CLN6 is the only other NCL related protein located in the ER. CLN6 interacts with a number of soluble lysosomal proteins, and its depletion results in the significant decrease of soluble lysosomal proteins localizing to lysosomes [24]. This decrease in localization also corresponds to diminished lysosomal protein activity. Soluble enzyme depletion in the lysosomal compartment was also observed in CLN6-deficient mice, suggesting that both CLN6 and CLN8 are involved in lysosomal soluble proteins trafficking [24]. Their role was recently identified as a two-step process.

First, CLN8 forms a homodimer that interacts with CLN6 on the membrane of the ERES to create a complex named EGRESS (ER-to-Golgi relaying of enzymes of the lysosomal system). This complex is responsible for the recruitment of soluble lysosomal proteins to promote their transport to the Golgi apparatus via the large luminal loop of CLN6 and the second luminal loop of CLN8 (Figure 2). Then, CLN8 interacts with the Sec24 subunit of COPII, which packages the receptor along with cargo into budding vesicles [23]. Sec24 recognizes the specific export signal VDWNF (ΦXΦXΦ) present at the cytosolic tail of CLN8 [23]. COPII coated vesicles, loaded with cargo are exported from the ER and transported to the cis-cisternae of the Golgi apparatus, while CLN6 remains in the ER [24] (Figures 1 and 2).

The Golgi apparatus is the cellular centre for the modification, sorting and trafficking of cargo proteins and lipids to their final destinations. Newly synthesized proteins and lipids enter the cis-cisternae of the Golgi apparatus from the ER. While they progress through the Golgi, escaped ER resident proteins, as well as empty receptors are retrieved back to the ER, enabling the latter to take part in other cycles of trafficking. Once cargo proteins, such as soluble lysosomal proteins, and lipids reach the trans-cisternae and the trans-Golgi Network (TGN), which is the tubular structure of the most trans site of the Golgi complex, they leave for their final destinations [25–28]. How proteins are transported through the Golgi cisternae is still an active area of research. Several models have been proposed including (1) vesicular transport, (2) diffusion, (3) kiss and run, and (4) cisternae maturation.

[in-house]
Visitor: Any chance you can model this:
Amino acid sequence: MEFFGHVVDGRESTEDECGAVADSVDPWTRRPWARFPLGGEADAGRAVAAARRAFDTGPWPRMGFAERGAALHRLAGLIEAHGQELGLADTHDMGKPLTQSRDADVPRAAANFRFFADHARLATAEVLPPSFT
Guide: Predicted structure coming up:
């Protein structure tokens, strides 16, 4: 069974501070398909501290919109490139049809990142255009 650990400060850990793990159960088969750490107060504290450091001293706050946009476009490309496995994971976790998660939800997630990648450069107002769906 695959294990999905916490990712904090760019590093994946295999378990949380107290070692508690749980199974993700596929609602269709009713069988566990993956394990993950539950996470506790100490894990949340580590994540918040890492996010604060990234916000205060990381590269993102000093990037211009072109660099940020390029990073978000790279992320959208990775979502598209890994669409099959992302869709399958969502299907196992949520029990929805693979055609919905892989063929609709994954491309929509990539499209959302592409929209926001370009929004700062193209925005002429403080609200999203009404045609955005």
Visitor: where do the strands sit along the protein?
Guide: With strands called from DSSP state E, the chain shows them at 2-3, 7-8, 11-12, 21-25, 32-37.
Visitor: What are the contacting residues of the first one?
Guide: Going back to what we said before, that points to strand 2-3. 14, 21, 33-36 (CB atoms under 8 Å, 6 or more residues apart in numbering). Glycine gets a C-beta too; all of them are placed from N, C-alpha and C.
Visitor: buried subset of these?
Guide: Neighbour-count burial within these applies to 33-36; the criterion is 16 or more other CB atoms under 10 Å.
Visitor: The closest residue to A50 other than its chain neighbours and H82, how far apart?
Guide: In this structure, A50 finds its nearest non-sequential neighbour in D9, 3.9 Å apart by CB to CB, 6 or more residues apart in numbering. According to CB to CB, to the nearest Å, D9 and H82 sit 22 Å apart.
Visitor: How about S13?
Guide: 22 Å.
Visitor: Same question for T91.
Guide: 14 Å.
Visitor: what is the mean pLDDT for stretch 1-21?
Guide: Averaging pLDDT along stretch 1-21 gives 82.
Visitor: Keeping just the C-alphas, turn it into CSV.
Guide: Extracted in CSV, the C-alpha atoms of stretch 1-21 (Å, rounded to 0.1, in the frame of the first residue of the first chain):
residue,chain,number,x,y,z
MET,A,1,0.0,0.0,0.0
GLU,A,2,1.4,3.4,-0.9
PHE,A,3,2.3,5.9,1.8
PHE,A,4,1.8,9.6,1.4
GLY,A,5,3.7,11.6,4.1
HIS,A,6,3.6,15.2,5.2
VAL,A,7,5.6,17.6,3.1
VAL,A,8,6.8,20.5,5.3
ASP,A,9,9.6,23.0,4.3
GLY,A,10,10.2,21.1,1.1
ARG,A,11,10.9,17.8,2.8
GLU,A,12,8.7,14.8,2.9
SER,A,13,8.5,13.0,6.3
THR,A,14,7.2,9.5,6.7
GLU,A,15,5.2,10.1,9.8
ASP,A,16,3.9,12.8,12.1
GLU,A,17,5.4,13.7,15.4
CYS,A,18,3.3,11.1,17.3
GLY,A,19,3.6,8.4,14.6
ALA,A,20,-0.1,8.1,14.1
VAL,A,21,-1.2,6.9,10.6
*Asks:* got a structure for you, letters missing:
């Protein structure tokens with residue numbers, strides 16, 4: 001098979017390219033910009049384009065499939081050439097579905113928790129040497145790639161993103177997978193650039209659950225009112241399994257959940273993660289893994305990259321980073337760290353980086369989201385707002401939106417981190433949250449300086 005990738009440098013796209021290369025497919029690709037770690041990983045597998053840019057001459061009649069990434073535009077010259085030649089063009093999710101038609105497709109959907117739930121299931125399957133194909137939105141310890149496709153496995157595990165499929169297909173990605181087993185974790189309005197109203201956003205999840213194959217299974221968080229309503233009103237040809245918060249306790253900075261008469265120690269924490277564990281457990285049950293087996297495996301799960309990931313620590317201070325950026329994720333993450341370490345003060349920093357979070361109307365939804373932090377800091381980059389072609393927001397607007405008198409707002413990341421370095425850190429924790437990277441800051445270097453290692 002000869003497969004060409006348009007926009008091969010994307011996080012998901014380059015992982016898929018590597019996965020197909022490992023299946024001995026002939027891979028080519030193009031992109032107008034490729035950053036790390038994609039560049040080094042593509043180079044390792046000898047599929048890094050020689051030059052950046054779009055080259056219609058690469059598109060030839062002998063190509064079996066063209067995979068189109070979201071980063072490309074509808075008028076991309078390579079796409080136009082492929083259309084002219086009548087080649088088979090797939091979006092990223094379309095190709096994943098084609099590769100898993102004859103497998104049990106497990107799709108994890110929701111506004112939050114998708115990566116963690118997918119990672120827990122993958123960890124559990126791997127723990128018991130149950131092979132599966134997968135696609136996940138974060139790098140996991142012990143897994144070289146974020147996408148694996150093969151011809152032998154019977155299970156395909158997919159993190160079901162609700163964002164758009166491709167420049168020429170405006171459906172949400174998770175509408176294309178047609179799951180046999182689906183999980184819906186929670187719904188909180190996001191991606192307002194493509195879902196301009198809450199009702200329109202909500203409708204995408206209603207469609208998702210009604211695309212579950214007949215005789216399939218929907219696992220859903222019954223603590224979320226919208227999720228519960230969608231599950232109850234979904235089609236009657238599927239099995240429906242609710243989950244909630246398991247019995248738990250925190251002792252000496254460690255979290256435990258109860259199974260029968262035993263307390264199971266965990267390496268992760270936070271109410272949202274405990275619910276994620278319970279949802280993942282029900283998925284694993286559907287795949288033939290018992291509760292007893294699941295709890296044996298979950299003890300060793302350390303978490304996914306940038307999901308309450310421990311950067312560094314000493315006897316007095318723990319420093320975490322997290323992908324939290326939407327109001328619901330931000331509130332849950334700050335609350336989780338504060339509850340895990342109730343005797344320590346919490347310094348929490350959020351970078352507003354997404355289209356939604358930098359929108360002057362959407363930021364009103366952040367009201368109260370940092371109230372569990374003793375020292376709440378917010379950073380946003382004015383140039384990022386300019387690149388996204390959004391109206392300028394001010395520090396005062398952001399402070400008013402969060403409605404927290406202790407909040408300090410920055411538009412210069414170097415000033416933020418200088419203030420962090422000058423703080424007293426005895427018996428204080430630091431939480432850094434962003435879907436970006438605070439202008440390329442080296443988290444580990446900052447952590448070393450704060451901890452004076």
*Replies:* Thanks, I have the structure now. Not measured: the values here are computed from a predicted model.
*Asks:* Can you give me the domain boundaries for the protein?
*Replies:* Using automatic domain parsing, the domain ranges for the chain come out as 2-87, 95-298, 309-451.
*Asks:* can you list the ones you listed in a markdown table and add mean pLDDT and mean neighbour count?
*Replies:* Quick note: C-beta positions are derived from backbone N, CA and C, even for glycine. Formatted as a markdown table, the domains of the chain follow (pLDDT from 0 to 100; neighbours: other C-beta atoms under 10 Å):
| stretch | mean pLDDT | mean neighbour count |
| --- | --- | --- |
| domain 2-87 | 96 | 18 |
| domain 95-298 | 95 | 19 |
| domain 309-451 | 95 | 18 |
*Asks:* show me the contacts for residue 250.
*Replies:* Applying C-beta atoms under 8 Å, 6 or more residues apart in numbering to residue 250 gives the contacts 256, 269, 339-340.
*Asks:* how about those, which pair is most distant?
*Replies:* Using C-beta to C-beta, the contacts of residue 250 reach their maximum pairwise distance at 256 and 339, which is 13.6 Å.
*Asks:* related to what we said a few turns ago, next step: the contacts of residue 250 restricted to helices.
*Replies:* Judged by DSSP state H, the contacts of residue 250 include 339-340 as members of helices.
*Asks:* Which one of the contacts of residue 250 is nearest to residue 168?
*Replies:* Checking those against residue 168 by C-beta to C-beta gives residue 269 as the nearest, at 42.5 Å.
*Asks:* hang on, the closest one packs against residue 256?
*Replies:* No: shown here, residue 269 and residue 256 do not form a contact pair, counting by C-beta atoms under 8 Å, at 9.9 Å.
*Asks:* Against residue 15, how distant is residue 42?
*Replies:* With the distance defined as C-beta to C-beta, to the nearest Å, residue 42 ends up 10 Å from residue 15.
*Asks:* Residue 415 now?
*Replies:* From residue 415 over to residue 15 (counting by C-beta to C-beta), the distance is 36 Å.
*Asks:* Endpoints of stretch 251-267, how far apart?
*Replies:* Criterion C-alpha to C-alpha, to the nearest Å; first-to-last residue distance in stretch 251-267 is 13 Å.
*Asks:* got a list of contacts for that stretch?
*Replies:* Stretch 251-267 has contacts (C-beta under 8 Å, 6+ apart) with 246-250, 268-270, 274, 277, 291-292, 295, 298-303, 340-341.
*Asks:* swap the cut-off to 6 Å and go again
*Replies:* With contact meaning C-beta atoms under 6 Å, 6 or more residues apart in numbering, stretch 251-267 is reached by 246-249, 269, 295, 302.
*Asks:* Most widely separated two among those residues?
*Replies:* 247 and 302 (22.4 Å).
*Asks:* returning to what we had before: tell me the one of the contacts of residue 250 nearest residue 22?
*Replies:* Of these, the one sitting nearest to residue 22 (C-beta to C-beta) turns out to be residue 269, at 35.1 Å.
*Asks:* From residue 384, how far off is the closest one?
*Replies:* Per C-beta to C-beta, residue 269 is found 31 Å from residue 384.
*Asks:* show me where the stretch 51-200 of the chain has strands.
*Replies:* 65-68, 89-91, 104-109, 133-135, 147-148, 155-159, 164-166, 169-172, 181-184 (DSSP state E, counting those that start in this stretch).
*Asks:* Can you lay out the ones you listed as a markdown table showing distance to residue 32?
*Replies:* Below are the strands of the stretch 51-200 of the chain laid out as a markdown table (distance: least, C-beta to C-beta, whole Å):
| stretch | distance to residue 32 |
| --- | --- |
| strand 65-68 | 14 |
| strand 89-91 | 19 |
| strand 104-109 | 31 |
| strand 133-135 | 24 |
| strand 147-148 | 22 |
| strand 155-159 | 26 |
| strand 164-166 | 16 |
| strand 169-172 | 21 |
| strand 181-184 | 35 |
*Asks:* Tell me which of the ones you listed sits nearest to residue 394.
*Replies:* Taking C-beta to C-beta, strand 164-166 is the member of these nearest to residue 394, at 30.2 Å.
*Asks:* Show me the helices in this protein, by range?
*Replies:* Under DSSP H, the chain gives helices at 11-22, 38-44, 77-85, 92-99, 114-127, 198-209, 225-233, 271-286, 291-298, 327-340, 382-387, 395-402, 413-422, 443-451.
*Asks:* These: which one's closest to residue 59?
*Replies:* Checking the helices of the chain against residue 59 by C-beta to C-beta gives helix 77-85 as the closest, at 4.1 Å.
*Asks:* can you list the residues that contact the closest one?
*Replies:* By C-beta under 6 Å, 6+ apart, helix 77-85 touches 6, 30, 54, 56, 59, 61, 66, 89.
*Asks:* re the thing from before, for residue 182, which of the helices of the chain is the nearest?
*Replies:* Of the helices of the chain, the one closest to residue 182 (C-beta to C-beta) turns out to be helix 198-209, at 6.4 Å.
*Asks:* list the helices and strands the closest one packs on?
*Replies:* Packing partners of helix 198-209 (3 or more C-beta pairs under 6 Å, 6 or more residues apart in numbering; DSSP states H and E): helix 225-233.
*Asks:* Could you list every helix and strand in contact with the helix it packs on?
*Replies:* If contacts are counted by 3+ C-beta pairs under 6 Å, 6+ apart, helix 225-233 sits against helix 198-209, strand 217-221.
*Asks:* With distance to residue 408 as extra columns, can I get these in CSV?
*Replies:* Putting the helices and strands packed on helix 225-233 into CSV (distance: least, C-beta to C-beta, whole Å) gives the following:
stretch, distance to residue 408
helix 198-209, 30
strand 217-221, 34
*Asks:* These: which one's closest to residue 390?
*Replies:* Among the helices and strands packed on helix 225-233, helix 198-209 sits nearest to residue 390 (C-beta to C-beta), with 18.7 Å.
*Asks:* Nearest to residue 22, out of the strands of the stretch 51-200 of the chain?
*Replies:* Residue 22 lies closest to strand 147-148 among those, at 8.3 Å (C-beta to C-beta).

(1) The vesicular transport model, as the name suggests, includes the formation of vesicles, in which cargos are packed and transported from one cisternae to another for further modifications by the enzymes within that cisternae and eventually exit from the Golgi. (2) In the diffusion model, small soluble cargo, such as albumin, transverse through the Golgi via interconnected Golgi stacks by simple diffusion [29]. However, this model excludes the transport of large cargo and probably underlies the co-existence of more than one model for intra-Golgi transport for different cargos. (3) In the symmetric kiss and run model, two Golgi compartments can fuse together through a transient narrow neck, which then undergoes fission to separate into two compartments. In the asymmetric kiss and run model, cargo molecules accumulate in a domain within the cisternae. The domain goes through fusion with the ‘accepting’ cisterna and subsequently undergoes fission with its originating cisterna [30]. The kiss and run model provides an advantage for cargo to move bidirectionally through the fusion neck without a separate mechanism. (4) Lastly, the Cisternal maturation model predicts that each cisternae moves and matures to distal cisternae. The key difference is that while the cargo stays in the cisternae, it is the Golgi resident proteins that recycle back to the previous cisternae. Each model poses its own advantages and disadvantages which are reviewed in detail here [31].